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QFilms Festival Commits to LGBTQ Life

By Zamná Ávila, Guest Columnist/Former Assistant Editor at Random Lengths News

A still from the documentary “A Commitment to Life” playing at the Long Beach QFilms Festival on Saturday, Sept. 16.

Celebrating 30 years of showcasing queer cinema, the Long Beach QFilms Festival is the longest-running film festival in the city. The festival features narratives, documentaries and short films that center the lesbian, gay, bisexual, transgender and queer community’s experiences.

The film festival was coincidentally birthed the same year I graduated from high school, unaware that one day I would also find a home in that community. At the time, I had not discovered that same-sex relationships were also an option for me. While the process of discovery, acceptance and openness was not as difficult for me as it was for my now-deceased sister, I am sure that having more positive representations on film would have eased the journey for many, such as my sister and myself.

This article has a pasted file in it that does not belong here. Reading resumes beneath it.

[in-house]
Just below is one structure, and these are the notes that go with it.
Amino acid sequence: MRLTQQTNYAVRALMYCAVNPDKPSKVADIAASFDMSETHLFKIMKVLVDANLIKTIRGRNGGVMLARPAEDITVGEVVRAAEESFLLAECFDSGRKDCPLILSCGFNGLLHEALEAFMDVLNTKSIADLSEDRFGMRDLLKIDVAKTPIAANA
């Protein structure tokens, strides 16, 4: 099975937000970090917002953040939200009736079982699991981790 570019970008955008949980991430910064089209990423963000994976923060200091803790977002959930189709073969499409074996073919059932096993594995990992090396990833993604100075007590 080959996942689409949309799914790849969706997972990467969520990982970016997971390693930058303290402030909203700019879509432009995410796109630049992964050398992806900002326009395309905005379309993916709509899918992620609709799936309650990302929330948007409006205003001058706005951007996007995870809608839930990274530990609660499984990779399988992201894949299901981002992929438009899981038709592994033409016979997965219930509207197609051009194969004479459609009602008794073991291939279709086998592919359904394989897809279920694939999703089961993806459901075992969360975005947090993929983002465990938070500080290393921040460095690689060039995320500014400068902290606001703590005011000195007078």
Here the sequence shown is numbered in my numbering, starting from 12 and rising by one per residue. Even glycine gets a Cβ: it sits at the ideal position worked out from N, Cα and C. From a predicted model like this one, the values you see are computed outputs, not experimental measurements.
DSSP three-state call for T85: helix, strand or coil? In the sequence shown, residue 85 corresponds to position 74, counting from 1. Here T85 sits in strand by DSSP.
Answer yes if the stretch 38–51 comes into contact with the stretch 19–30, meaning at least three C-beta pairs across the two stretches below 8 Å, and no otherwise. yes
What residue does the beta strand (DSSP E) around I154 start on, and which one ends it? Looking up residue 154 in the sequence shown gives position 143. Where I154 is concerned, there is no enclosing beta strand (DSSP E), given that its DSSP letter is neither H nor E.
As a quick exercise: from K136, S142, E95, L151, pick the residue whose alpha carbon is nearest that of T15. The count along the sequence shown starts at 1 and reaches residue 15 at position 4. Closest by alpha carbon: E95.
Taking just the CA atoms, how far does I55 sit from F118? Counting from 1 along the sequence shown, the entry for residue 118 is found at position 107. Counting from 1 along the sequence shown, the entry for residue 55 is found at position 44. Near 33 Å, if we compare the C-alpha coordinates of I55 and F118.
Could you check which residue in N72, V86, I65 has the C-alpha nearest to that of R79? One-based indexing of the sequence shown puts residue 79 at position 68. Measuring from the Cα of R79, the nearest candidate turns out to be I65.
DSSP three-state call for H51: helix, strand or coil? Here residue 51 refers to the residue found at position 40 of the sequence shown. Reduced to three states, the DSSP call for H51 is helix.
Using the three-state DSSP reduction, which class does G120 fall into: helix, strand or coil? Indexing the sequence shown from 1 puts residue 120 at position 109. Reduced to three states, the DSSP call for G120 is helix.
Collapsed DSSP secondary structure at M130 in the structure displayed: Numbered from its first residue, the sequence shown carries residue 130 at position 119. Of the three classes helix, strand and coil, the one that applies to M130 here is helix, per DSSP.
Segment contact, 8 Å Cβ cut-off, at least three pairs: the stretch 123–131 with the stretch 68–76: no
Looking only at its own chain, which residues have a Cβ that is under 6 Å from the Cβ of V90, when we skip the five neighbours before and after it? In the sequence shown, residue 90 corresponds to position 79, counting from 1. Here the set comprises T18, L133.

The first festival was hosted by the Cal State Long Beach Student Center. Organizers booked the 1991 drama “Together Alone,” and about 500 people showed up at the 200-seat theater.

“We knew we had something special in our hands,” said Robert Cano, one of the founders of the festival. “It was a time when there were very few cultural options for the LGBTQ community.”

Since then, the Long Beach QFilms Festival has become an anticipated local event in Southern California highlighting LGBTQ talent in front of and behind the camera.

As a member of the Latinx community, my sister and I grew up with negative messages about being LGBTQ. Despite their focus on family unity, people from conservative and religious backgrounds tend to discriminate against LGBTQ people, shunning them or ridiculing the life they choose to live.